Released in 2021, To Carry A Whale is his fourth album, recorded over four-months in Leftwich’s Tottenham home Urchin Studios in Hackney, a room in Niagara and in a Southend studio owned by Sam Duckworth — commonly known as the artist Get Cape Wear Cape Fly.
How was the process of creating the album?
“It was a beautiful kind of cathartic process, myself and Get Cape Wear Cape Fly wrote and produced the album in early 2020, and we became really close friends. He came to the studio the day after we first met and we wrote, Oh My God Please.”
“I knew what I wanted it to be, I knew that I wanted it to be around 10-tracks about living with that heaviness. And, with that title it enabled us to be quite assiduous with our decision making as we were kind of going through it, in terms of not only the writing process but also the sonics.
“We spent five weeks in the studio working on the sound and after that time we made the decision overnight to move studios, and scrapped everything we’d done.”
“I think by having a clear, kind of narrow, area of focus it enabled us to make those decisions effectively. But it was a beautiful process.
It was the first time that I made an album when I was awake and I had nowhere to hide.”
To Carry A Whale is the first by Benjamin written and recorded entirely sober, a state he has chosen to continue since he spent 28 days in rehab back in January 2018. In turn this gives further context to the decision behind the naming of the album’s title.
"The title To Carry A Whale was decided on from pretty early on.”
“Between Sam and I, and all of the amazing people who helped us make it, we had quite a long and tiring process, but it was quite clear what we were heading towards.”
Did it feel like a metaphorical weight had been lifted once you had come to the end of that journey?
“Erm… that’s a good question, no, it just felt like an interactive observation of what it’s like to keep an eye on that weight.”
I put it to him that perhaps the weight isn’t meant to be lifted and perhaps the album, while an exploration of what he is going through, is an acknowledgement and embracing of feelings. A take that Benjamin agreed with.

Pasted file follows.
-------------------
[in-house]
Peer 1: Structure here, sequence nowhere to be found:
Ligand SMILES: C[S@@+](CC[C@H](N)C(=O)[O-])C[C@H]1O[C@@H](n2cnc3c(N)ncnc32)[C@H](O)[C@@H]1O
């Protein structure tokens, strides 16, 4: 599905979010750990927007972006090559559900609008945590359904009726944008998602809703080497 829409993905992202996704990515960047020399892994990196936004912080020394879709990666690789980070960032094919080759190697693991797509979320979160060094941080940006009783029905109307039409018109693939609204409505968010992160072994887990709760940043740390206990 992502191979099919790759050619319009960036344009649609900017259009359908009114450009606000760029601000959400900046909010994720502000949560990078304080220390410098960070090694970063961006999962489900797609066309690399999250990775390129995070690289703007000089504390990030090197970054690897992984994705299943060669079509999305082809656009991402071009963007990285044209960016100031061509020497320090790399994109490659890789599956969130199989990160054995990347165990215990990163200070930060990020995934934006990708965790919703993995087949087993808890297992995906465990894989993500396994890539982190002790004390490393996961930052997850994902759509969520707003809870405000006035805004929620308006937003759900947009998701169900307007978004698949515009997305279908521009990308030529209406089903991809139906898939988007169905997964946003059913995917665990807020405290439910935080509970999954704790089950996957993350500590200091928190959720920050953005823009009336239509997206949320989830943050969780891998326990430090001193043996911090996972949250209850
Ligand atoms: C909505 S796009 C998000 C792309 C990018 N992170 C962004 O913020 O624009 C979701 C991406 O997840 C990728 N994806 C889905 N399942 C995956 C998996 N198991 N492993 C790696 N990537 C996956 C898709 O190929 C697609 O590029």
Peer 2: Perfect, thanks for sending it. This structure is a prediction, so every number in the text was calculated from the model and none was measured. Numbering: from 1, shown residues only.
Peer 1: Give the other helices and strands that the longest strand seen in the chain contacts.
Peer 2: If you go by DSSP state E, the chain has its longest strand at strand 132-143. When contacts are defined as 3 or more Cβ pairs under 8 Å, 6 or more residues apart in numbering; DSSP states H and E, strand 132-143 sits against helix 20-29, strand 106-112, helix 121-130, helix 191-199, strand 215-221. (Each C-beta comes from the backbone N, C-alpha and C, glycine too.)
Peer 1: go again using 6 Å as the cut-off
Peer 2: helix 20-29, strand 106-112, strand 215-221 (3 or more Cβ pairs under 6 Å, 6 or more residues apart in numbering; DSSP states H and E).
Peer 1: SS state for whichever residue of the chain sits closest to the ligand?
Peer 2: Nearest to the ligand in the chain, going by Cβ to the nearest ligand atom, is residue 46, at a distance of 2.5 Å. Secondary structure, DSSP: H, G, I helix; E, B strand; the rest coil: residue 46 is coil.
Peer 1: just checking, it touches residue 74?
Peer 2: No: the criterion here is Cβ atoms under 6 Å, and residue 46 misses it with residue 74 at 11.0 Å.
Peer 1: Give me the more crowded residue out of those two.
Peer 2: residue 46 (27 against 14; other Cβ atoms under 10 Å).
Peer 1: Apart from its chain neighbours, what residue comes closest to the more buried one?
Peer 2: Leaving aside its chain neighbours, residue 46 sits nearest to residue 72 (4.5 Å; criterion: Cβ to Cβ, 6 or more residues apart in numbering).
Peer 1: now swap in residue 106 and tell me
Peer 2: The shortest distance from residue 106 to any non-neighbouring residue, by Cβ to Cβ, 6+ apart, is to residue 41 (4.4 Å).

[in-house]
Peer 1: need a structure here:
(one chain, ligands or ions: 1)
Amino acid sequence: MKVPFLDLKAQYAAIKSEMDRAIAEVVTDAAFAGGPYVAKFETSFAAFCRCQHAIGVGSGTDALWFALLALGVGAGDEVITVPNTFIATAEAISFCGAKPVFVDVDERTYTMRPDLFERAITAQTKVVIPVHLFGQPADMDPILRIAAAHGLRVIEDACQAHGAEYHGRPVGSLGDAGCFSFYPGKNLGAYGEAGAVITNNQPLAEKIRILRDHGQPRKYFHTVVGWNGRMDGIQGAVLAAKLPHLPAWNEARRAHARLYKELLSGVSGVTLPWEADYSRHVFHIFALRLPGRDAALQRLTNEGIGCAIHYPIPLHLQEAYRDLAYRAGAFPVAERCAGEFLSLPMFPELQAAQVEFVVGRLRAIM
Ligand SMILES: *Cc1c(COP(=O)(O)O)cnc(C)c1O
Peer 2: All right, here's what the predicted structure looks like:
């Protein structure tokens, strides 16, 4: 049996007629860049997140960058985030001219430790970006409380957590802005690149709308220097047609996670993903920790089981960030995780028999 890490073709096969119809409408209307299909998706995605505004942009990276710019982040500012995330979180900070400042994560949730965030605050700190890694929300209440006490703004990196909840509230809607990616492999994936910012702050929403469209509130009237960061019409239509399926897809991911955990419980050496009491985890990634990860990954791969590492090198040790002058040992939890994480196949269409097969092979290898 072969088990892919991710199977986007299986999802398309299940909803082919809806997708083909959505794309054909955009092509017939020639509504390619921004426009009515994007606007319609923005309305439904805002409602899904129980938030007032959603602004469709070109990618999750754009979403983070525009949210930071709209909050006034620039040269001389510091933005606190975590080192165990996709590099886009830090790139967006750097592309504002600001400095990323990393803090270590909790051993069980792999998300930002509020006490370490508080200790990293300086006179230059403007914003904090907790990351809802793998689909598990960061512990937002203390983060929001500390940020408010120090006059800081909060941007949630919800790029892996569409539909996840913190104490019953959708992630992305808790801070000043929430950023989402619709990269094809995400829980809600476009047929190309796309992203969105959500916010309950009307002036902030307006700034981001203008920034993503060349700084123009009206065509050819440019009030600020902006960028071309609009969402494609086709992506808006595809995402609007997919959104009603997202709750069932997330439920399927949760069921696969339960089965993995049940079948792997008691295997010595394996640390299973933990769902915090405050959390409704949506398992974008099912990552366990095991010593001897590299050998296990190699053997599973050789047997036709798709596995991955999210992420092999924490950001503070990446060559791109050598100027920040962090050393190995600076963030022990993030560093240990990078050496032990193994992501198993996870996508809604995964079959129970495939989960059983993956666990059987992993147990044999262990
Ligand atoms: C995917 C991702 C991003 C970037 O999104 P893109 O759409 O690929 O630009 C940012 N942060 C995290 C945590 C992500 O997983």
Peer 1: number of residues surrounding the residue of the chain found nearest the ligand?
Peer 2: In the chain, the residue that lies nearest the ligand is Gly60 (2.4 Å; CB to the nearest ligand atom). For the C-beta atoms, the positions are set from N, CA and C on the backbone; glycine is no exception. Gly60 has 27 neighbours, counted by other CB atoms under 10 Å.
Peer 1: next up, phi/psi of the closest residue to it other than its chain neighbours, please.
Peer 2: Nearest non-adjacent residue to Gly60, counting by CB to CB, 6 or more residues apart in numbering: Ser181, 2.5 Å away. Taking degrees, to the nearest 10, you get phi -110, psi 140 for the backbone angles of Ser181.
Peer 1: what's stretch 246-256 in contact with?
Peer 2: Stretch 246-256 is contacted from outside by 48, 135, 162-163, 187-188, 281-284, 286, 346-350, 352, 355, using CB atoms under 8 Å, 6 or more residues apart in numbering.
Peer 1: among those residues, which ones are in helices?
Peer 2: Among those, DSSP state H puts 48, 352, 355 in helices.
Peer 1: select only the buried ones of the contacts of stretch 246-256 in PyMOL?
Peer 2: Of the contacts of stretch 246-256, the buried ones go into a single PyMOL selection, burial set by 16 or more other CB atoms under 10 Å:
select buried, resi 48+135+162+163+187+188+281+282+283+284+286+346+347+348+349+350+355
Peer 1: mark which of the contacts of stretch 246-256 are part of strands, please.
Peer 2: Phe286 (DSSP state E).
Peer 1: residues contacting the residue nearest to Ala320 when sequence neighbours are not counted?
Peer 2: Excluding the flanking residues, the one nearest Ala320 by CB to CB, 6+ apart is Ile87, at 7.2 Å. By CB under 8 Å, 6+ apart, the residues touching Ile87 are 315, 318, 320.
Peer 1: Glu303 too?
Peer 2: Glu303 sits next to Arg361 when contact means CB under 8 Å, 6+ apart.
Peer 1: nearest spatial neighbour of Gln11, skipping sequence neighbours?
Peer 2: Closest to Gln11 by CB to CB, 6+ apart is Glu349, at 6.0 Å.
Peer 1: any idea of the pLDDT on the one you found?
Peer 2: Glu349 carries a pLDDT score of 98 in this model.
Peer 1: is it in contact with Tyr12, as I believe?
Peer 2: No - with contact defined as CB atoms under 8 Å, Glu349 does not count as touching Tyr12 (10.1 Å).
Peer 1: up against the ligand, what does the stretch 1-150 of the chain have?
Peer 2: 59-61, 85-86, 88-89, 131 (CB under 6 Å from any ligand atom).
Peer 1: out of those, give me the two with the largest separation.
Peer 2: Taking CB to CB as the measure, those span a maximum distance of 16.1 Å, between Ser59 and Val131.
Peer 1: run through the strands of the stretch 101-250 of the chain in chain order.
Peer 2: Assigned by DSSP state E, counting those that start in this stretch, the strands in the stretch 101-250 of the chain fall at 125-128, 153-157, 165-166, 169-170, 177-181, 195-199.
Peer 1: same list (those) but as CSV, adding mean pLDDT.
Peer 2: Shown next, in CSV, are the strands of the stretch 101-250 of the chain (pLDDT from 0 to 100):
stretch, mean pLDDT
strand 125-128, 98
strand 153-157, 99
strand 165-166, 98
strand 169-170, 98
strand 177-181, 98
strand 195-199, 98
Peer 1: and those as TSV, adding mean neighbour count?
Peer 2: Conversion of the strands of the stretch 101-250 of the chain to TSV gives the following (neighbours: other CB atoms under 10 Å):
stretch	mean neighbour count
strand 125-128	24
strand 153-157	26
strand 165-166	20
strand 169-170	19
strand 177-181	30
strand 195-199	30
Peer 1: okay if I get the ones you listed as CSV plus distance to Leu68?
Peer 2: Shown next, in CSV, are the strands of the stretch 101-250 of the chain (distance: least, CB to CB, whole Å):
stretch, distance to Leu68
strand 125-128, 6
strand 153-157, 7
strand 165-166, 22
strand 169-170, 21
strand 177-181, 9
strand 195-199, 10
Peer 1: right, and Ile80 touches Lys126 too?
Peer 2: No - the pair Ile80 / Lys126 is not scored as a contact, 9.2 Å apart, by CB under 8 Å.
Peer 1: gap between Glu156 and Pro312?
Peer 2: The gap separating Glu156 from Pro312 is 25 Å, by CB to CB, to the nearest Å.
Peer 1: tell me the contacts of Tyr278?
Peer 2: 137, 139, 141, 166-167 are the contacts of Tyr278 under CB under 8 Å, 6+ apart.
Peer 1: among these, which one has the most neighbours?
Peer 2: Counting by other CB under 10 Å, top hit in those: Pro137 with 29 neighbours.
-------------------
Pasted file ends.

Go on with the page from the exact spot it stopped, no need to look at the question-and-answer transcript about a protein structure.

Maybe, I openly pondered, this is your way of identifying those problematic elements that impacted his own life and of those around him.
He responds saying “that’s exactly right, that’s what that stuff does. It’s not rude, it’s true.”
Quite often we do not realise the impact of how our energy output affects our relationships with those around us. Rarely questioning our actions, how we are perceived and dare I say owning our mistakes. It’s something that Benjamin is openly broaching, working on, striving to adjust, improve, fix even. He’s incredibly candid, self-critical, aware of his wrongs.
I’d go so far as saying that this is Benjamin’s most honest, uncompromising, yet self-introspective body of work yet. It’s also a project that allows us into his thoughts as he seeks to redeem himself. To Carry A While does not so much expose the artist, it sort of strips back those feelings to an earnest clarity.
"I think it depends on what someone struggles with, for me, just getting sober doesn’t change much and I think for me getting sober is where the problem starts. And for me that’s sort of where I have to work on my spirit”
"I blamed the world for a long time, I blamed the world, everyone around me for a long time and it didn’t work.”
Perhaps we can’t always redeem ourselves or be in control of that element. We can torture ourself on a quest of righteousness. But many of us are not brave enough to do so self-effacingly and publicly. That in of itself is a strength in our seemingly weakest of moments.
"In my experience it was the thinking in my head that needed to change for my heart to change.”